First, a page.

These petrol pumps are history, but what’s the future?

 

Detail of Powerhouse Museum Collection object B1465.
Powerhouse Museum Collection object B1465. Gift of the Shell Company, 1961.

Young Sydney engineer Frank Hammond invented the ‘visible volumetric’ petrol pump around 1920 and licensed his patent rights to manufacturers in Australia and the UK. Garages purchased visible pumps to ensure that they were supplying an accurately measured volume of petrol, or ‘motor spirit’, to each customer. They wanted to convince customers that they were getting a fair deal, they didn’t want to lose money by supplying more petrol than customers paid for, and they wanted an innovative edge over competing garages.

In the UK, Australian opera singer Dame Nellie Melba introduced Hammond to inventor Archibald Low, who was in her good books after making an ‘audiometric’ recording of her voice on movie film and comparing it favourably to the voices of other opera singers. Low helped Hammond find a UK manufacturer, Liquid Measurements Ltd. In 1927 the brand gained valuable publicity when the royal family installed Hammond pumps in its own garages.

In Australia, Latimer’s Visible Petrol Ltd made Hammond pumps, which competed strongly against other brands. The best known of these was Bowser, named after the US inventor of the first service-station petrol pump, Sylvanus Freelove Bowser.

Powerhouse Museum Collection object B2200. Gift of the Petroleum Information Bureau, 1975.
Powerhouse Museum Collection object B2200, S F Bowser & Co. Gift of the Petroleum Information Bureau, 1975.

When municipal councils in Australia tried to ban all but Australian-made pumps from their footpaths in the 1920s, the S F Bowser company fought them in court. It argued that the Australian content of its machines was high at 60%, with the remaining 40% of parts being made in another British Empire country, Canada. By contrast, Latimer’s Hammond pump was 100% Australian made.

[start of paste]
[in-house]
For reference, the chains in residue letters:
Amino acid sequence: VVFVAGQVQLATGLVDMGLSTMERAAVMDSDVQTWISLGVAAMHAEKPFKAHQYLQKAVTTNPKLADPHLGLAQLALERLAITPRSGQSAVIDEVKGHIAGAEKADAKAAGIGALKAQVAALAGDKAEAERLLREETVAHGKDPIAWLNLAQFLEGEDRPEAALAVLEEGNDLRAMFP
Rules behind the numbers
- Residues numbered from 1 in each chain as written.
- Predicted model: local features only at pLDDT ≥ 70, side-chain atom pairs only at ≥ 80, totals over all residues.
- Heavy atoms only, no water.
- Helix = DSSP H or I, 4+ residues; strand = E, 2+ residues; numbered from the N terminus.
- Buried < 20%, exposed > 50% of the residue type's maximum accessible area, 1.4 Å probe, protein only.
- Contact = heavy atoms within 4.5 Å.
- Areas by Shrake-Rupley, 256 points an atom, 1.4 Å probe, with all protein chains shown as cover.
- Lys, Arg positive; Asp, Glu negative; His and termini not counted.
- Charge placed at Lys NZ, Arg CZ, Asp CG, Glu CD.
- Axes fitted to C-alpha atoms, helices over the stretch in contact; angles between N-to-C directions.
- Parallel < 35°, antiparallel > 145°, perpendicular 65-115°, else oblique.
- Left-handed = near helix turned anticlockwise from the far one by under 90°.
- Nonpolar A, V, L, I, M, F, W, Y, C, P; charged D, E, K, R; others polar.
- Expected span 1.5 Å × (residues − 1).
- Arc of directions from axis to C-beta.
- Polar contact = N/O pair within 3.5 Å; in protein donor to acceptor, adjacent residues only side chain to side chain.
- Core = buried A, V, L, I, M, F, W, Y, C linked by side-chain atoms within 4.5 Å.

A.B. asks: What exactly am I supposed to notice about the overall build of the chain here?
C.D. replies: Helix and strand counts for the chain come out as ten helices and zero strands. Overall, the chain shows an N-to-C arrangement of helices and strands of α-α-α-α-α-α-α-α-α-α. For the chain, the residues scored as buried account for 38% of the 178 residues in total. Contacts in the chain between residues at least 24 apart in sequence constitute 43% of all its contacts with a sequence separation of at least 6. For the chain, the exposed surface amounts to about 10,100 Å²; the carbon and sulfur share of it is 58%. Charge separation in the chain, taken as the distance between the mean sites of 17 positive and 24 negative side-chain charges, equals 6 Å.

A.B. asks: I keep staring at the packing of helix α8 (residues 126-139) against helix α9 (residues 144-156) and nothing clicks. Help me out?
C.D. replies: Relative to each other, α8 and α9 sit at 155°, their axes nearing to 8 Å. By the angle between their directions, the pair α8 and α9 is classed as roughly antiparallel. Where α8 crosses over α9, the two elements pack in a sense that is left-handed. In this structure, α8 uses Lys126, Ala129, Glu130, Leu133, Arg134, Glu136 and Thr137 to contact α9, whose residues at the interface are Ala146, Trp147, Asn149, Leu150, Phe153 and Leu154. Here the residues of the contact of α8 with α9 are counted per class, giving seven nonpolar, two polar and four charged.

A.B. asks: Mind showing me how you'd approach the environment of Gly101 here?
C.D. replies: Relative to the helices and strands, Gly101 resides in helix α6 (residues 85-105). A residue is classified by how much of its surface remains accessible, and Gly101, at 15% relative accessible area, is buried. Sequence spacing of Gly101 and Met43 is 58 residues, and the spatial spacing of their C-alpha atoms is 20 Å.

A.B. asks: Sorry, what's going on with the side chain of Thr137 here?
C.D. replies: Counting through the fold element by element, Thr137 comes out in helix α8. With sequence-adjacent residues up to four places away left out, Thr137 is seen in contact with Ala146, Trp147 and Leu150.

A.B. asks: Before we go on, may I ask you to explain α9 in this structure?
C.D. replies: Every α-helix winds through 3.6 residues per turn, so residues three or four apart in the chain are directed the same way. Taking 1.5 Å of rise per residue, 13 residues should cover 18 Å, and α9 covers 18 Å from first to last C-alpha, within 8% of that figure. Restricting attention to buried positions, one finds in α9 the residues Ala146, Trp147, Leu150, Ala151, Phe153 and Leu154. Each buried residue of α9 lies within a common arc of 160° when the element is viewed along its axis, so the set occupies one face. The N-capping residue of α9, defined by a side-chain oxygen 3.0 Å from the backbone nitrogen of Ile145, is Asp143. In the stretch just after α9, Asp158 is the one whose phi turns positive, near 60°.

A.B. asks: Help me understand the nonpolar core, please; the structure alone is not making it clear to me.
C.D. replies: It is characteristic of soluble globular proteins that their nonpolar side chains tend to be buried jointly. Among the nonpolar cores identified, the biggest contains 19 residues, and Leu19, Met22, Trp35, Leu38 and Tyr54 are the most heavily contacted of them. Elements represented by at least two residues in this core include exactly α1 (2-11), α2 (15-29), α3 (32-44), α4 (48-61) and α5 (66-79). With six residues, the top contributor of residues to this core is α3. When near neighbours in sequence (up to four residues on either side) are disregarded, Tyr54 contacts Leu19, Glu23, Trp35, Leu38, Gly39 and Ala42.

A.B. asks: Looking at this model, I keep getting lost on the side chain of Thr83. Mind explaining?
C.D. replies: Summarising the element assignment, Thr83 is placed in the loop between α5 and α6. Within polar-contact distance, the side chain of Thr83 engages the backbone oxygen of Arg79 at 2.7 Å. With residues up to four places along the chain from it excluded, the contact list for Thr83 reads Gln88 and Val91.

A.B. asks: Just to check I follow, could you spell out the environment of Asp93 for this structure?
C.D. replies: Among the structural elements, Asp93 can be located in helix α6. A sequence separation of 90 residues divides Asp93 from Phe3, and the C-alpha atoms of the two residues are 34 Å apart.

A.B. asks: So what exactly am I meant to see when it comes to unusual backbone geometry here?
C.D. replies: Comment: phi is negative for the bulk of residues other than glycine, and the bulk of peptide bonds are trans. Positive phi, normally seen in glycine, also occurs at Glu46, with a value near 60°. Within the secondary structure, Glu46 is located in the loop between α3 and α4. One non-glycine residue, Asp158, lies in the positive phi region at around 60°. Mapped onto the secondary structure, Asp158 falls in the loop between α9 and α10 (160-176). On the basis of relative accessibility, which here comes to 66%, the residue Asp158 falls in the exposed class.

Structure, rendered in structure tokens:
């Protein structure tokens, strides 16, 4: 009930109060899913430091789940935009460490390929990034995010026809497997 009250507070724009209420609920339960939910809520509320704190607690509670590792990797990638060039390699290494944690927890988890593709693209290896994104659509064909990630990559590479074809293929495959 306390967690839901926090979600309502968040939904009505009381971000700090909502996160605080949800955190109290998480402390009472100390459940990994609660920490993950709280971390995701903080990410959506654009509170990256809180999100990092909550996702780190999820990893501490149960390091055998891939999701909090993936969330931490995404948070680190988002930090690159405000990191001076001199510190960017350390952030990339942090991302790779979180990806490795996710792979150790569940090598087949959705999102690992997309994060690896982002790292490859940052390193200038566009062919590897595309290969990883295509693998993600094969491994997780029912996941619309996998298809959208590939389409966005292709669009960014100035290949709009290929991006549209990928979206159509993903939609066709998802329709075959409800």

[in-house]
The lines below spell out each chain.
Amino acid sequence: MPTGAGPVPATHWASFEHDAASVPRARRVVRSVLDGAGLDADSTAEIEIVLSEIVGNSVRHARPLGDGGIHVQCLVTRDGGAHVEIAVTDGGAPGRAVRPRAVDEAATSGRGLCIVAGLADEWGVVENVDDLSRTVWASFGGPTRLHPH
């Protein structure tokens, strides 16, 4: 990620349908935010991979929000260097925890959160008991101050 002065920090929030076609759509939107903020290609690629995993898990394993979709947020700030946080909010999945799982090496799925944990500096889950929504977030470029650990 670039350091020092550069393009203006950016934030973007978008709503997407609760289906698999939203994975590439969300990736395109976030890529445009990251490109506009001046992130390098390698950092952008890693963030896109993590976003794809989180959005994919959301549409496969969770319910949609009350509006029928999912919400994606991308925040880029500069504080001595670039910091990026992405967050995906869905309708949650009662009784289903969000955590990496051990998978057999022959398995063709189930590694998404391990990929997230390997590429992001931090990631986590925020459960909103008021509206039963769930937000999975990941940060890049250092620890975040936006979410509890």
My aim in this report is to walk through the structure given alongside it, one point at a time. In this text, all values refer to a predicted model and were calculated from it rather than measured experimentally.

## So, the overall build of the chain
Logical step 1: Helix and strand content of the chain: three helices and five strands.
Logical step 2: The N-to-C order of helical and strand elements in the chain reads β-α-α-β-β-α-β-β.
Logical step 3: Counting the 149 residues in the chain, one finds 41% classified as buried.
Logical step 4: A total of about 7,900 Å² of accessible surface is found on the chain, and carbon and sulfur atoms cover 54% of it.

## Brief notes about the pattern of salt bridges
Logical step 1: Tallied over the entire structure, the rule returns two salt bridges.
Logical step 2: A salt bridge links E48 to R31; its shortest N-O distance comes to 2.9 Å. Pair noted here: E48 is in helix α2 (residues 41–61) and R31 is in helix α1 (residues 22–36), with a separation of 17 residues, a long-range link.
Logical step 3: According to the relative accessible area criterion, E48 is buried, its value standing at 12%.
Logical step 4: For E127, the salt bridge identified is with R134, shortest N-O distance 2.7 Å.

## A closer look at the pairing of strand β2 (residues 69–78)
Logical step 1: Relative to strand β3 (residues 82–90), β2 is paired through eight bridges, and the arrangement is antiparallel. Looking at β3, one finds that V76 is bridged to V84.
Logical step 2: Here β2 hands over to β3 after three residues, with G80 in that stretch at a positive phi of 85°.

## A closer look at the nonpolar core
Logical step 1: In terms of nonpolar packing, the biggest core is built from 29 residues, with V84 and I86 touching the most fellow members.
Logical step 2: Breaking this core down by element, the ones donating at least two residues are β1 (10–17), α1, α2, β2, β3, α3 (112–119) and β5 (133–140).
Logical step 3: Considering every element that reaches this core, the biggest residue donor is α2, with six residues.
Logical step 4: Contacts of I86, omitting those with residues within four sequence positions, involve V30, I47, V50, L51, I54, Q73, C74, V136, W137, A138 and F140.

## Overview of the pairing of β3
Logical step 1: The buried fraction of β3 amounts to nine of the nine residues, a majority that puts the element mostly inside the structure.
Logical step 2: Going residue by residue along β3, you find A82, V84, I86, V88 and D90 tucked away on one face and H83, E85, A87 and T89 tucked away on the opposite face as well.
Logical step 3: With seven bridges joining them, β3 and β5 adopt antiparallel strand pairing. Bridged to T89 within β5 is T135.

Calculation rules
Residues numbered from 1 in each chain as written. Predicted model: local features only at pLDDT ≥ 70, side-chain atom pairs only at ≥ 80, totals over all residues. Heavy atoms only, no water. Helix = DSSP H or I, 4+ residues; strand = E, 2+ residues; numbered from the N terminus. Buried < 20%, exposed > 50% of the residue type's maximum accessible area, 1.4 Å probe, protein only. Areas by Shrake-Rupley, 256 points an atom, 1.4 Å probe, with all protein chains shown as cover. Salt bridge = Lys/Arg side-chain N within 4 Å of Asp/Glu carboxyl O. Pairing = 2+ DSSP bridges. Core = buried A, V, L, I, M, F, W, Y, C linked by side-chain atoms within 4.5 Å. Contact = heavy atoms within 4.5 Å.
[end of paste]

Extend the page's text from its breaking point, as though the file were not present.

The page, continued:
In 1923 Bowser started selling its own visible pump in Australia. While 1927 saw only 65 petrol pumps imported from all overseas manufacturers, in 1928 the Atlantic Oil company ordered 500 for the string of service stations it planned to open here. In 1929, a few months after the Wall Street crash, the Australian Government increased the tariff payable on imported pumps to help local manufacturers compete. In 1931, Bowser auctioned off the contents of its Australian factory and office, blaming this ‘prohibitive tariff’.

While Bowser might now be recognised more often as the name of a video game character, to generations of Australians it was the generic term for petrol pumps. Today, the term is going the way of ‘motor spirit’, and ‘garage’ has largely given way to ‘servo’, but at least we haven’t taken to calling our bowsers ‘gas pumps’.

In the future we might roll up to a servo for a rapid recharge of our vehicle’s battery, to replace spent battery fluid or to fill up with hydrogen gas, compressed air or biofuel. Each of these alternatives is in development or already in use somewhere in the world, and it is vital that the world moves soon from fossil fuels to renewables. While there is much awareness of our need to reduce dependence on coal, it is equally important that citizens take an interest in ways of weaning us off our huge dependence on oil.

 

Share

Leave a Reply

Your email address will not be published. Required fields are marked *